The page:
Active accumulation of spawning substrate: a determinant of extreme polygyny in a shell-brooding cichlid fish

  title={Active accumulation of spawning substrate: a determinant of extreme polygyny in a shell-brooding cichlid fish},
  author={Tetsu Sato},
  journal={Animal Behaviour},
Abstract Abstract. Observations on the reproductive behaviour and polygynous mating system of an endemic shell-brooding cichlid fish, Lamprologus callipterus , revealed that territorial males actively transported and accumulated spawning substrate (empty gastropod shells) to make nests. In contrast to conventional resource defence polygyny, males of this species can therefore create a defensible resource distribution. Females successively visited the nests, chose one shell, spawned the whole… Expand
Unusual allometry for sexual size dimorphism in a cichlid where males are extremely larger than females
It is reported that the allometric relationship was negative across populations of a shell-brooding cichlid fish Lamprologus callipterus, although males are extremely larger than females, suggesting that females are more strongly subject to size selection associated with shell size availability than males. Expand
Sexual selection promotes colonial breeding in shell-brooding cichlid fish
Female preference suggests that sexual selection affects colonial breeding in L. callipterus, which implies an influence of sexual selection on the evolution of colonial breeding at large. Expand
Reproductive investment of giants and dwarfs: specialized tactics in a cichlid fish with alternative male morphs
It is argued that capital and income breeding are useful concepts to understand divergent life history decisions associated with alternative reproductive tactics, i.e. behavioural polymorphisms within a species and within one sex. Expand
Sexual conflict over breeding substrate causes female expulsion and offspring loss in a cichlid fish
It is concluded that the limited availability of breeding substrate is a key determinant of both intrasexual competition and intersexual conflict in this species. Expand
An optimality approach to male and female body sizes in an extremely size-dimorphic cichlid fish
Intersexual selection can explain male body size, but fecundity selection alone cannot explain female size, and the breeding substrate strongly constrains female size. Expand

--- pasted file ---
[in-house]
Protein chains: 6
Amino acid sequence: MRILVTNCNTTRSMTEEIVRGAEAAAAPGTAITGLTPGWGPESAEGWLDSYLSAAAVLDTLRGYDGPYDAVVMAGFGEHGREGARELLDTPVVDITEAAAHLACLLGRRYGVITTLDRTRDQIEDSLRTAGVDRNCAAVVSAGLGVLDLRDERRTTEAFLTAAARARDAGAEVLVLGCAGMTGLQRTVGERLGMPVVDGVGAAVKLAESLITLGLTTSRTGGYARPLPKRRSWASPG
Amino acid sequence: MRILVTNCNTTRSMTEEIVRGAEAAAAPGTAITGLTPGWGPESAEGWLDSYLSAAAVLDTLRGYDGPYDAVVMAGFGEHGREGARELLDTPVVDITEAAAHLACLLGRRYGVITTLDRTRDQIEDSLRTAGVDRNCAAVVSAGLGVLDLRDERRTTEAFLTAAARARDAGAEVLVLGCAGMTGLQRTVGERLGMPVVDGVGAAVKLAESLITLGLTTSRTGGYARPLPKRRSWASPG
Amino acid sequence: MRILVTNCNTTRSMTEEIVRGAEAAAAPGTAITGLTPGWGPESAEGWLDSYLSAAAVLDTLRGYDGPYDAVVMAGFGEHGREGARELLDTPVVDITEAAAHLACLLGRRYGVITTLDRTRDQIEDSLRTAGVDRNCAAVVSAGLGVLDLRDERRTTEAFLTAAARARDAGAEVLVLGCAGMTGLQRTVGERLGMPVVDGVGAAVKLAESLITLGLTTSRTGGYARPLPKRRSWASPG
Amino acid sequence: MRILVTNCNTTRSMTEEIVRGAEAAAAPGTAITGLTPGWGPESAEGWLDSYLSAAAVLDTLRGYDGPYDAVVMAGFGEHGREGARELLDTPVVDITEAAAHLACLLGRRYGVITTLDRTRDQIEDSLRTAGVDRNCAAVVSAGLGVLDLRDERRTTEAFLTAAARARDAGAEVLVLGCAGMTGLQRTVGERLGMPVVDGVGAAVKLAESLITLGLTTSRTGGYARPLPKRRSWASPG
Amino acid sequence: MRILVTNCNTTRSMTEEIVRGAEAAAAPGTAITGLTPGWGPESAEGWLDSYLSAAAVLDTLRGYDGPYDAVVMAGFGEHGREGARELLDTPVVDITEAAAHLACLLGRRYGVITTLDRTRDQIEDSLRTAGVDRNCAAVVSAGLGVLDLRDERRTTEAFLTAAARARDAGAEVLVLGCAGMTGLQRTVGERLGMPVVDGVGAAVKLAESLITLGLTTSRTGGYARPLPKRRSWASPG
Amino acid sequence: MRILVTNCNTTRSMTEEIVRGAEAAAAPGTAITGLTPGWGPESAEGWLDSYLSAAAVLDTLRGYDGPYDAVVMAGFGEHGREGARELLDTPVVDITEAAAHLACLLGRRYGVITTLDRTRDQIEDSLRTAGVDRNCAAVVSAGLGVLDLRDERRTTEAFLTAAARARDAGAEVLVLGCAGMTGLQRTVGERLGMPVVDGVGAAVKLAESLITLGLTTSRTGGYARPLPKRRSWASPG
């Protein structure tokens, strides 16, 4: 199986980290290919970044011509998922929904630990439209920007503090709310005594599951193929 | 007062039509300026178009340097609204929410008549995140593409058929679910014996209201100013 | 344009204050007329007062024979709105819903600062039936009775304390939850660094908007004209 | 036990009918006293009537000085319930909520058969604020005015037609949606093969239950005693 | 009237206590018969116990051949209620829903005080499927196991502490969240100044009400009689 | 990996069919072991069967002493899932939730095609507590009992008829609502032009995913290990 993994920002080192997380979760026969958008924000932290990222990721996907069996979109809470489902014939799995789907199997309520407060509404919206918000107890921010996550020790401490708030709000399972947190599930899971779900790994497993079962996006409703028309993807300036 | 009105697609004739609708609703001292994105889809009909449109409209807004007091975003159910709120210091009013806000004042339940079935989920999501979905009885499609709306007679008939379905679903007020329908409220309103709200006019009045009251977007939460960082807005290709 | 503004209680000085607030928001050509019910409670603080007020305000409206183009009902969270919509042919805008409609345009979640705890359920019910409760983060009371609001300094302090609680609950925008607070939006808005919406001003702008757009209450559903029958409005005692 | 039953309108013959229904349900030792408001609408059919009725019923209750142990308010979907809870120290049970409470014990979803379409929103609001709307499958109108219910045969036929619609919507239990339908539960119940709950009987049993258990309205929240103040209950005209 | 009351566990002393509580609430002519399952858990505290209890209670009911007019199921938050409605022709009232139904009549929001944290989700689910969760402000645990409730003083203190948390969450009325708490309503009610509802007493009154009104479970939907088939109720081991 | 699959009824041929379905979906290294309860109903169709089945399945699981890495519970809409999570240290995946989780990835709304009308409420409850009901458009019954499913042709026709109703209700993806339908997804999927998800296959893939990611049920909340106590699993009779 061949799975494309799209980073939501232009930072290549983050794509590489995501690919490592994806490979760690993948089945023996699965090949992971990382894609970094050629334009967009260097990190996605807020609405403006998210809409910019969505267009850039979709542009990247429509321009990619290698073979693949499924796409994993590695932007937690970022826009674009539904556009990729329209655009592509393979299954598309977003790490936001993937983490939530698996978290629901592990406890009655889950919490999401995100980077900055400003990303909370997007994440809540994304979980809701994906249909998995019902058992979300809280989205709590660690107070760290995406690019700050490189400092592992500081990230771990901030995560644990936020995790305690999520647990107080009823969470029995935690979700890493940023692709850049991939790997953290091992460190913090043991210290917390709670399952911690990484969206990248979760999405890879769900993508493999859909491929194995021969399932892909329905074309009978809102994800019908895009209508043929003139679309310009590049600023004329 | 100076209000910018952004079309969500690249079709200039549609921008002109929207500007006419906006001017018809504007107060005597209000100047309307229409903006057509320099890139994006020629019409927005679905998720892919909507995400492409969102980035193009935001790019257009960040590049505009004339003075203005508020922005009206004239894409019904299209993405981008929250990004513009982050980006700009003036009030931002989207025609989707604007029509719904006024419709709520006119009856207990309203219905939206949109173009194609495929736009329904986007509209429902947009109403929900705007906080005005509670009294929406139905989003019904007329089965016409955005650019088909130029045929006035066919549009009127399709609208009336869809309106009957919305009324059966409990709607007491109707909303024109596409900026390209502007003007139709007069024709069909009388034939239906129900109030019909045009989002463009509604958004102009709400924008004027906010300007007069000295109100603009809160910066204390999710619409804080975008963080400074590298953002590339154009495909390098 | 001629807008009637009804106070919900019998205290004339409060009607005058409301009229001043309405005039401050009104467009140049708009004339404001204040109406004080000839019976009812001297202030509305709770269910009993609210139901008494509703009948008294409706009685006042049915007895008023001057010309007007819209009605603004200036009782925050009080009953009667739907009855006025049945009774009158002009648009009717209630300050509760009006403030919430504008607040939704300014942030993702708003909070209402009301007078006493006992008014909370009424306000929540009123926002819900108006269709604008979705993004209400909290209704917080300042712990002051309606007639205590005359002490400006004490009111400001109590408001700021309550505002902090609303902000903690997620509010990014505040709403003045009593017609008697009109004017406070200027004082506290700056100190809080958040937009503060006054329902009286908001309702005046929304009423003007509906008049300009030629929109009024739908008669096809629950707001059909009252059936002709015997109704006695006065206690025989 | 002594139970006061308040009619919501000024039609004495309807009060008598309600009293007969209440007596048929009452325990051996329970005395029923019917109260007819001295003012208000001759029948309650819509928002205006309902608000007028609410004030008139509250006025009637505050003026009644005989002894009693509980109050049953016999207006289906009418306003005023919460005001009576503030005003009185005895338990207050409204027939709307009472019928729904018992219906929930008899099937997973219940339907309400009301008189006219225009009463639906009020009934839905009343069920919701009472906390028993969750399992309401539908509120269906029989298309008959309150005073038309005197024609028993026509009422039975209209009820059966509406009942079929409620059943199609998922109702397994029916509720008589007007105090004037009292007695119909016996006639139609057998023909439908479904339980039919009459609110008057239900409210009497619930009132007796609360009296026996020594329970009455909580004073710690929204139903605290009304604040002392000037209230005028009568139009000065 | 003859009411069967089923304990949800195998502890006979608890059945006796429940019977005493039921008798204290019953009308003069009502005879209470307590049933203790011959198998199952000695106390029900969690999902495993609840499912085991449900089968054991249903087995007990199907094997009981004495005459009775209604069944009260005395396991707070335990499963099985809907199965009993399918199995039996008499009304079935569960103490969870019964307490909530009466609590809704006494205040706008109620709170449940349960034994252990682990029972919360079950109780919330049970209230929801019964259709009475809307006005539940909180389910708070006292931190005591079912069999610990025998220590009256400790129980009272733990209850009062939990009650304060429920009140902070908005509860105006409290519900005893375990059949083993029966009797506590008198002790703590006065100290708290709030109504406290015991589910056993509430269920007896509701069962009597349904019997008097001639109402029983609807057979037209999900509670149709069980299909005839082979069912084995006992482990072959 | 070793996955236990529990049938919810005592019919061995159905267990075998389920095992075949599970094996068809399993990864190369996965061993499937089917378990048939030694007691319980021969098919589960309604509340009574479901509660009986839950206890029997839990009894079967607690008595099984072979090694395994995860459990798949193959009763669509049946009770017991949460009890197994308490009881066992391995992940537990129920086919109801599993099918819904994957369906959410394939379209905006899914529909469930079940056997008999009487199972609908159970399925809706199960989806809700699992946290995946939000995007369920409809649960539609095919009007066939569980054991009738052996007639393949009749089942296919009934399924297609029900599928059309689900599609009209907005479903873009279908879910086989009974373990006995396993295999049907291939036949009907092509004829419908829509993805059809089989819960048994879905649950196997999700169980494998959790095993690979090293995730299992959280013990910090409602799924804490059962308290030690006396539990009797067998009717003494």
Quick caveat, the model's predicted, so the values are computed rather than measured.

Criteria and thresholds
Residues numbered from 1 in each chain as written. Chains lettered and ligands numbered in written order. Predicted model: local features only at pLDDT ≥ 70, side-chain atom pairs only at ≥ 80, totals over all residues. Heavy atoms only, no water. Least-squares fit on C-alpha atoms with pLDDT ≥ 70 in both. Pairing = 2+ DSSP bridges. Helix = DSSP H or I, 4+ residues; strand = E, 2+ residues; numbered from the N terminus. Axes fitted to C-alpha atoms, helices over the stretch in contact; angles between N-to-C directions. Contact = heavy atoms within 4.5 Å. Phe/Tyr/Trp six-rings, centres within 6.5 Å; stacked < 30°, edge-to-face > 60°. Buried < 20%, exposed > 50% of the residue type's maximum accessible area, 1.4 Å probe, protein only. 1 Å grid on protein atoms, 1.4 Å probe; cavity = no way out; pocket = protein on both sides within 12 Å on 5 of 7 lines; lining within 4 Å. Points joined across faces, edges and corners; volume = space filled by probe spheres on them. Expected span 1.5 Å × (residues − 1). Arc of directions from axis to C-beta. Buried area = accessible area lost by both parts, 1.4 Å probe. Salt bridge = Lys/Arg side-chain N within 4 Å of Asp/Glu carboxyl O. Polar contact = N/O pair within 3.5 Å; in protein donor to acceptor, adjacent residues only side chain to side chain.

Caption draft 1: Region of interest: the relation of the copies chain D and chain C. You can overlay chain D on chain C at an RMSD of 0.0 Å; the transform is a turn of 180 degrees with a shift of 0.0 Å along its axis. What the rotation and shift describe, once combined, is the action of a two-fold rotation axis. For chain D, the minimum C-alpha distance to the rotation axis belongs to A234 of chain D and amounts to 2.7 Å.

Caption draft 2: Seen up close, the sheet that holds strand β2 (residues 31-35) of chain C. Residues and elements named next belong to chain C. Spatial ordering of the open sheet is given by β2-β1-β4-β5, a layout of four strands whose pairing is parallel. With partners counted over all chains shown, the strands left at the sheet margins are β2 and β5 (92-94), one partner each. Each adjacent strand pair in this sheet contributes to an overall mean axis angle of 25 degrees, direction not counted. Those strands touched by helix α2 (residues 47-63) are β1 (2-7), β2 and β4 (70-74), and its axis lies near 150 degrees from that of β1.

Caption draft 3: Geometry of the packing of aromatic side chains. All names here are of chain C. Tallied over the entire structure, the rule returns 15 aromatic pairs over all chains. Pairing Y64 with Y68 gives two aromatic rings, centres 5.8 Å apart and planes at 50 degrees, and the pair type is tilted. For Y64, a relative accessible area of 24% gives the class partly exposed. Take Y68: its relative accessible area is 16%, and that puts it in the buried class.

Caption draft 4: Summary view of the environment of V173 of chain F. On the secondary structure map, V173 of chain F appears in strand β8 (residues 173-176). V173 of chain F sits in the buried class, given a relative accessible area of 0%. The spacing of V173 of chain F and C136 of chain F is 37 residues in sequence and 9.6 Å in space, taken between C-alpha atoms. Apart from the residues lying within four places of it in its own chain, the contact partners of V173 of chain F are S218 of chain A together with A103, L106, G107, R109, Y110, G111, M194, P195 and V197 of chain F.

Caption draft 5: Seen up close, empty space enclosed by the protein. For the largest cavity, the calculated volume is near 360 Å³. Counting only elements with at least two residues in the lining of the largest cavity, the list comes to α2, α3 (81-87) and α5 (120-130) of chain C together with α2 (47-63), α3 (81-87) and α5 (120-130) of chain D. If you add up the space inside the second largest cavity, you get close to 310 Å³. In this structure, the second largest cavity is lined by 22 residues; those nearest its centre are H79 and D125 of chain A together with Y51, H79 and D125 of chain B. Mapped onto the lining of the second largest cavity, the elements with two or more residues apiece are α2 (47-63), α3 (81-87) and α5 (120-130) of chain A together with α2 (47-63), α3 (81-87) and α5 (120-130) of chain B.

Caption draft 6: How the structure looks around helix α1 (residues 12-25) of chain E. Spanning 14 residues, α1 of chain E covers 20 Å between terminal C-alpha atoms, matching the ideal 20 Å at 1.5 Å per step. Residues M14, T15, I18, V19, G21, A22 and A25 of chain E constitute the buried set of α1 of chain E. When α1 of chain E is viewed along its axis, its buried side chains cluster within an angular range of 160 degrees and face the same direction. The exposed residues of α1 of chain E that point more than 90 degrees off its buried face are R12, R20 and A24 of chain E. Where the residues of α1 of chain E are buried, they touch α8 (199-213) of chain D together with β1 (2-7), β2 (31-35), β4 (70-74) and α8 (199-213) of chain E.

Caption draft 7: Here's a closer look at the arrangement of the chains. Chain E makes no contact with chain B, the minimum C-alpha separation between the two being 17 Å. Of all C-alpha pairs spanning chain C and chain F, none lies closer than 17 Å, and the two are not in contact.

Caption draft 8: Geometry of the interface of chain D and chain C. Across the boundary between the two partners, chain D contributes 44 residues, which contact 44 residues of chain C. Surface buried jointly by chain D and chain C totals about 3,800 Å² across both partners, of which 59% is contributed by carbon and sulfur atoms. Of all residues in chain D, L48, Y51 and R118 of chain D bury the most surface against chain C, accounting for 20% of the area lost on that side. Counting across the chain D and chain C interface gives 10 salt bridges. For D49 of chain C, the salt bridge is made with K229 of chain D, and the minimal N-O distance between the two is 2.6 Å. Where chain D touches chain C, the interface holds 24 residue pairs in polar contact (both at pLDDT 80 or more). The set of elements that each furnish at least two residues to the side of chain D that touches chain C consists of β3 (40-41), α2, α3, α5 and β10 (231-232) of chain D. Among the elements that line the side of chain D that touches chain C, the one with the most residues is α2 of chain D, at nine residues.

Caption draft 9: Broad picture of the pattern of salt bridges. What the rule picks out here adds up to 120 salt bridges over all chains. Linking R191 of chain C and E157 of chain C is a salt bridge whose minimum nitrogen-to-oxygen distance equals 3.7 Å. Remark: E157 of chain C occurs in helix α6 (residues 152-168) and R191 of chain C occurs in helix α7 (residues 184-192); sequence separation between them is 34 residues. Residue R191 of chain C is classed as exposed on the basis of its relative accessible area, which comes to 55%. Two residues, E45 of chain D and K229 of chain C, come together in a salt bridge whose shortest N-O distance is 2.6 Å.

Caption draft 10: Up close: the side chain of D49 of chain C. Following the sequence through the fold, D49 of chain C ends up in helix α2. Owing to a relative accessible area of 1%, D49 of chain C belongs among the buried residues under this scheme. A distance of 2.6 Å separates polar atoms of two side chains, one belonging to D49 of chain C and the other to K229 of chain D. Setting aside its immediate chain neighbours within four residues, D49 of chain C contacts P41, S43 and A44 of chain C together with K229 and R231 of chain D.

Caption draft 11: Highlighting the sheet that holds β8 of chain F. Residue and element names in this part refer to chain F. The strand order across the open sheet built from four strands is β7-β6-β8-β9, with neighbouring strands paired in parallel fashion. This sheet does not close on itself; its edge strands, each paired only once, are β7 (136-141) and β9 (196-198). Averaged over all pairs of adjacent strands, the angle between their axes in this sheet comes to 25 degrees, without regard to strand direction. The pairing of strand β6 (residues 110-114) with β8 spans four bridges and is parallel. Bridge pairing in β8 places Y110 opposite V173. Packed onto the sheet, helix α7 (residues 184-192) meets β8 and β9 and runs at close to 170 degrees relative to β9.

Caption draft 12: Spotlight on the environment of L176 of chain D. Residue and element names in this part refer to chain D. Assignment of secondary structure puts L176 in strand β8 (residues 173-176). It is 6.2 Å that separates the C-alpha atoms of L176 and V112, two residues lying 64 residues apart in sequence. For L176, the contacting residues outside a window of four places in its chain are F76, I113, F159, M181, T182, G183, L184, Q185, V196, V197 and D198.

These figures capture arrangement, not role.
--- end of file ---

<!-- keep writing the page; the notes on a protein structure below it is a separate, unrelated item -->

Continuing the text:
Nest use by territorial males in a shell-brooding cichlid: the effect of reproductive parasitism
The results suggest that larger territorial males selected nests that have a lower risk of usurpation of spawning and the risk of intrusion by pirate males affects the selection of nests by territorial males in this species. Expand
The influence of sexual selection and ecological constraints on an extreme sexual size dimorphism in a cichlid
It is concluded that the divergent influence of an ecological constraint on male and female body sizes is primarily responsible for this extreme SSD in Lamprologus callipterus, in combination with size-dependent mechanisms of intrasexual selection. Expand
Size-Dependent Male Alternative Reproductive Tactics in the Shell-Brooding Cichlid Fish Lamprologus callipterus in Lake Tanganyika
The analyses of body condition among ripe and unripe males across a wide range of body sizes suggested that onset of sexual activities at very small body sizes in dwarf males may be associated with higher condition factors that is a pre-requisite for maintaining investment in testes and intense reproductive activities. Expand
Giant males or dwarf females : what determines the extreme sexual size dimorphism in Lamprologus callipterus?
It seems unlikely that L. callipterus descended from small shell-brooding cichlids which used shells for shelter, but more likely that the ancestors were of large or intermediate size, and that female size is constrained by the sizes of snail shells, which appear to be optimal breeding substrata. Expand
Conservation implications of the provenance of modern sediment on a shell-rich platform of Lake Tanganyika (Kigoma, TZ)
Abstract Shell-rich substrate (shell beds) in the littoral reaches of Lake Tanganyika, Africa, form a unique substrate that host a number of endemic organisms, including sponges and shell-dwellingExpand